Since many years information technology is used in health care. However, lately one can notice a growing interest for different kinds of applications, partly explained by the need of a faltering IT-industry to find new markets. Naturally, ICT can in different ways enhance the practice of health care. However, it is necessary to examine the applications in the light of the ethical values of health care.
In this paper I will discuss the ethical implications of the introduction of two new computerised information- and communication systems in health care. One is a system for patient surveys. The system, named IRIS, is used in the public health system and makes patient information available to any authorised care provider irrespective of at what place in the organisation he or she works. The use of IRIS is so far limited to the regional health care organisation, but in principle it can have a broader application and be used even at a European level. The other system I will discuss is a system for patient Internet accesses to his/her own medical case sheet.
There are several good reasons for introducing the new systems. IRIS will make patient information more accessible for doctors and other health care professionals, it will speed up the treatment and it will decrease the number of medical specimens and examinations. The system that provides patient access to his/her own medical case sheet will probably make patients more informed about their medical condition. The potential of both systems has relevance from an ethical point of view, for instance with reference to the principles of beneficence, non-maleficence and autonomy.
However, there are also possible risks with the new ICT-systems. Both systems will process confidential patient information and thus there is a risk for privacy violations. Furthermore, this risk will eventually lead to mistrust among both care providers and patients. This could eventually lead to a “censuring” of information, which, in its turn, will decrease the reliability of the systems. It is not clear who shall have access to IRIS. At the moment, the access is limited to persons involved in a “relation of care” but that could be interpreted as everyone working at a caring unit. But with such a broad access the possibility of misuse will also increase.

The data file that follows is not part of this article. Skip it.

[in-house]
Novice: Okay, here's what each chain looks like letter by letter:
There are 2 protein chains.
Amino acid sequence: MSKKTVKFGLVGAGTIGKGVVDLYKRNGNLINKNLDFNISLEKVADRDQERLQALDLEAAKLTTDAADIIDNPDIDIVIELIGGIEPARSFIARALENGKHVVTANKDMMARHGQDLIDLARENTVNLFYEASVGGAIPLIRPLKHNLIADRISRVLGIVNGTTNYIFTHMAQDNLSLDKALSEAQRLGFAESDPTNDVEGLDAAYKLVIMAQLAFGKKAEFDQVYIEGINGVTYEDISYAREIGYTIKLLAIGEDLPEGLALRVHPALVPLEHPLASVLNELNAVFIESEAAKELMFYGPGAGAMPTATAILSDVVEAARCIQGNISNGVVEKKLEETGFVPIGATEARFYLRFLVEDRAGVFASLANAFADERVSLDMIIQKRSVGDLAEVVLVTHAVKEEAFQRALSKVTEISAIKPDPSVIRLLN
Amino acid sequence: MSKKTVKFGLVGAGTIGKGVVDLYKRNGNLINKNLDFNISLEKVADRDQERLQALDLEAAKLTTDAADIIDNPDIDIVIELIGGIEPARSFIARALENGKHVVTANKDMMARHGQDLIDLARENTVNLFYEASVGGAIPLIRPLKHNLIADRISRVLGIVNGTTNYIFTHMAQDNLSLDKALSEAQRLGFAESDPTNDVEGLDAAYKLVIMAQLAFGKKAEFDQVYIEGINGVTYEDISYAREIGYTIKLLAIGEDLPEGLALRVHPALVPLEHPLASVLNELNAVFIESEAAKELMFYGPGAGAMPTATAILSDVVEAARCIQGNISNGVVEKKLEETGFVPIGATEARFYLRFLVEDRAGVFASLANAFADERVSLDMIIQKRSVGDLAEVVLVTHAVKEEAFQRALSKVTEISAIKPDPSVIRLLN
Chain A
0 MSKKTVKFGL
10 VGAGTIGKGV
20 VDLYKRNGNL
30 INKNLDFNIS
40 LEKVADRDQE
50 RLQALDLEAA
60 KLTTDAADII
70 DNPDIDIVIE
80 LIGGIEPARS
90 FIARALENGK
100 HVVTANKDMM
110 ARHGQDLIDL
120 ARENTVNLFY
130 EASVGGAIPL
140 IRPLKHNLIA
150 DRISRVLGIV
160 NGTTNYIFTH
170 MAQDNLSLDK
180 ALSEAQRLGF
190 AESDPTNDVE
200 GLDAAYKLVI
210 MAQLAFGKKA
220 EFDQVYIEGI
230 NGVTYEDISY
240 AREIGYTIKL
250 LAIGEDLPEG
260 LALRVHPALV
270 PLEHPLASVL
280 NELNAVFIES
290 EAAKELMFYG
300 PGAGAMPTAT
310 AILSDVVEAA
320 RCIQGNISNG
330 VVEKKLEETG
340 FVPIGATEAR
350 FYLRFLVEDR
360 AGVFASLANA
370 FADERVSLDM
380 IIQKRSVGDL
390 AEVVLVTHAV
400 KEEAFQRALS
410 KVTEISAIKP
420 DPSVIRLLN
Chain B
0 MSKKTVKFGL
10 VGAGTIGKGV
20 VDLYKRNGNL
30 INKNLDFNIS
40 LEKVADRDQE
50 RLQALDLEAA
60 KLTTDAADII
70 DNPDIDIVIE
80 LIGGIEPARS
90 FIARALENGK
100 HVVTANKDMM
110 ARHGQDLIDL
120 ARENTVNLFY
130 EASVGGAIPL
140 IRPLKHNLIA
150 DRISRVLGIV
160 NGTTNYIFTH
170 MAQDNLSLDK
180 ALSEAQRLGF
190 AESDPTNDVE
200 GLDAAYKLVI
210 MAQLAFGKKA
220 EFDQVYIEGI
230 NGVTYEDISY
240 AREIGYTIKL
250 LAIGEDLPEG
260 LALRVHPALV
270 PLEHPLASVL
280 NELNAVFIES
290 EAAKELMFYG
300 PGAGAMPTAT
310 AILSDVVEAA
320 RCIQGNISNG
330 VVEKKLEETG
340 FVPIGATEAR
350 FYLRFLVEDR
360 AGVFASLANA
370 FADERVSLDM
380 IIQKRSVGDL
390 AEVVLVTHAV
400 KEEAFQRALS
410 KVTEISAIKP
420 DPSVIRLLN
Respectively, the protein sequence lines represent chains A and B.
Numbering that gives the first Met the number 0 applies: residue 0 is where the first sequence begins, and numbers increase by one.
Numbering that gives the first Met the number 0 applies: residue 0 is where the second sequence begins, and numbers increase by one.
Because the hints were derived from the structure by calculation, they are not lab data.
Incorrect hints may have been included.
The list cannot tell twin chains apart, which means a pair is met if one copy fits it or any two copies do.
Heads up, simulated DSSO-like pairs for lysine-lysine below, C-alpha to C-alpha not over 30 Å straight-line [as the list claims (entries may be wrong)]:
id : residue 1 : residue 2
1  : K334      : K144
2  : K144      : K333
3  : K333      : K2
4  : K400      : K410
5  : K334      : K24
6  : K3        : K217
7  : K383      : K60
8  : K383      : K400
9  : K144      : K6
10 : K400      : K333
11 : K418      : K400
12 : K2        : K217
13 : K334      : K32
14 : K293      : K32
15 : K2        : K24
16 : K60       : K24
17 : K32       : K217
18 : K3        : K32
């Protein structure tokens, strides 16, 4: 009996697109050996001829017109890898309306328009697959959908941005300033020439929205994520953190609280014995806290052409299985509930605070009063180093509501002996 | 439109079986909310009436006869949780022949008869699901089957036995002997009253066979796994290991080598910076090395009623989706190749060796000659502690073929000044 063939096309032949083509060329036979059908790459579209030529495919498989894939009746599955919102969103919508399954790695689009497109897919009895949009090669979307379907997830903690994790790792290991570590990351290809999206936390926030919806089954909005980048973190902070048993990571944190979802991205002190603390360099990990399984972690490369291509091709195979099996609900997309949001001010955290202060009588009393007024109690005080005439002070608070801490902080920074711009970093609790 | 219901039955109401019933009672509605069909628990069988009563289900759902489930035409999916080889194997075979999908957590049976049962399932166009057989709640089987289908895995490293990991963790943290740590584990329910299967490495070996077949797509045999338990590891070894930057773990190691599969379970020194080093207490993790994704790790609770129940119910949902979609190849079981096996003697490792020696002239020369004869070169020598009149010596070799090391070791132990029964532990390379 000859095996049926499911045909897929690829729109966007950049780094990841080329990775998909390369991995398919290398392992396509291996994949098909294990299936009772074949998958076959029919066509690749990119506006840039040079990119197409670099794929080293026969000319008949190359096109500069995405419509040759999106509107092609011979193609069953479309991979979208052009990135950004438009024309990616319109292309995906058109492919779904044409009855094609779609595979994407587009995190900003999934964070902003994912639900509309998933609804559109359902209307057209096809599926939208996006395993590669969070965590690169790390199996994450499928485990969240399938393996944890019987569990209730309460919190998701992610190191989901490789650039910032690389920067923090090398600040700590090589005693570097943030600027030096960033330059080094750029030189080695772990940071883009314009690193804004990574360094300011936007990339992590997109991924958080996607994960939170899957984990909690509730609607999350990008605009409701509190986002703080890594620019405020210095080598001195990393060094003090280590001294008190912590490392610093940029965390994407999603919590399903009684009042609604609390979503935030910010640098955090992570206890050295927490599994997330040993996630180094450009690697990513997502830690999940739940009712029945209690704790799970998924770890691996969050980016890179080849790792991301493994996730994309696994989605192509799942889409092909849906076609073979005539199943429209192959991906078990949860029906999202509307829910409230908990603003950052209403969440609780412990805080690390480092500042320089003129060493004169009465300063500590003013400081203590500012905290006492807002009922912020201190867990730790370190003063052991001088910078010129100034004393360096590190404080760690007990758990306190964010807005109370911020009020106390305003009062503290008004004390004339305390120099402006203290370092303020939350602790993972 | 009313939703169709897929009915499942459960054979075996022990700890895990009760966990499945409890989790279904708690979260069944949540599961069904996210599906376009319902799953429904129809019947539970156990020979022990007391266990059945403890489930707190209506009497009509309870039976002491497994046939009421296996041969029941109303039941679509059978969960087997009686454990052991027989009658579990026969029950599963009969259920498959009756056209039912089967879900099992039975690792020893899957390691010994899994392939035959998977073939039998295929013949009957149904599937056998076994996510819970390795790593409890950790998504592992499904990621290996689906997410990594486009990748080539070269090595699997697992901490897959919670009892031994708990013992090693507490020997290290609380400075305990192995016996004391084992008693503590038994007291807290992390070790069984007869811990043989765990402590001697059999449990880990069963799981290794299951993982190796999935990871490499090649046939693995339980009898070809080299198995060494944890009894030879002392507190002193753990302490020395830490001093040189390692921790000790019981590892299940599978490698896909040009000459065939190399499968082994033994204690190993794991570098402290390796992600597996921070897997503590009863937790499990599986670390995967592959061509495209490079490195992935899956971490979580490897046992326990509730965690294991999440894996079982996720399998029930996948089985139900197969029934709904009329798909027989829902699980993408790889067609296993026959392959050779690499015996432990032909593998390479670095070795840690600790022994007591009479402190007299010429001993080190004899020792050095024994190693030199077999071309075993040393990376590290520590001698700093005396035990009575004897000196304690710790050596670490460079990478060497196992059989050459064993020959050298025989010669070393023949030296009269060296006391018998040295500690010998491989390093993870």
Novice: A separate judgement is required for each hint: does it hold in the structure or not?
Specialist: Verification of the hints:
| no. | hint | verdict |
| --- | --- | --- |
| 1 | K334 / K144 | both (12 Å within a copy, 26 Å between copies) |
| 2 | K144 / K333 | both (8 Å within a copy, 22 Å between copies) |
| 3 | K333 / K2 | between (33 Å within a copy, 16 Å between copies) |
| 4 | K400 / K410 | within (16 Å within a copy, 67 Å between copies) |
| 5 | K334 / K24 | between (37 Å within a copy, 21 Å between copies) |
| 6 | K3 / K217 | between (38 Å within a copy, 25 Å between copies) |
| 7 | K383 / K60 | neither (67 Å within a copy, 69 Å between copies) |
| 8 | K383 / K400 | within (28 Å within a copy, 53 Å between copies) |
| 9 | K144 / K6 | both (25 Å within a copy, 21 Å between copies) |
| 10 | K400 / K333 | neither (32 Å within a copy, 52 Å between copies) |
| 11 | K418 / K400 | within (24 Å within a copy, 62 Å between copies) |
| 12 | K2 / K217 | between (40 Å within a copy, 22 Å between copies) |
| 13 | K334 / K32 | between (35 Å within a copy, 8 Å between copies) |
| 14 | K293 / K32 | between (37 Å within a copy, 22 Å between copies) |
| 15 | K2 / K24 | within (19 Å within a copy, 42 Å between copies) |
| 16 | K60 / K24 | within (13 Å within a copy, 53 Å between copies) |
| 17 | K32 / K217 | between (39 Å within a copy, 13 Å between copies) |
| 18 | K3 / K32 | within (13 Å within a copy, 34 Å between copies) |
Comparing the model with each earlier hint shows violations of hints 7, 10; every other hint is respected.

In order to protect the patients, the systems will use the highest security technology. Further, the patient has to give his/her informed consent to the processing of information. However, how a practice of informed consent shall be implemented without too many practical problems is a question that yet has to be answered.
The decision to introduce systems of this kind implies difficult and some times controversial ethical balancing. There are different ways to proceed, and I will discuss some possible alternatives. One can here make a distinction between criteria and procedures: which norms and values have priority, and according to which procedures should the system be designed and introduced?
One may, in accordance with utilitarianism, follow a kind of cost/benefit methodology and transform the different values at stake to a common unit. Or one may, from a deontological point of view, identify the relevant moral principles and norms and then either balance them in order to be able to decide which principle takes precedence or specify the norms in order to bring them to bear on practice.
Procedures for a morally justified introduction of new technologies include “participatory design” and, in accordance with the method of reflective equilibrium, “interactive technology assessment” (Reuzel et al). Then, different stakeholders’ perspectives will be taken into account in the processes of design and assessment.
In this paper, I will first describe the system for patient survey and the “open medical case sheet”-system. I will then analyse the ethical problems associated with the systems and, finally, discuss different moral criteria and possible procedures in order to come to a justified decision.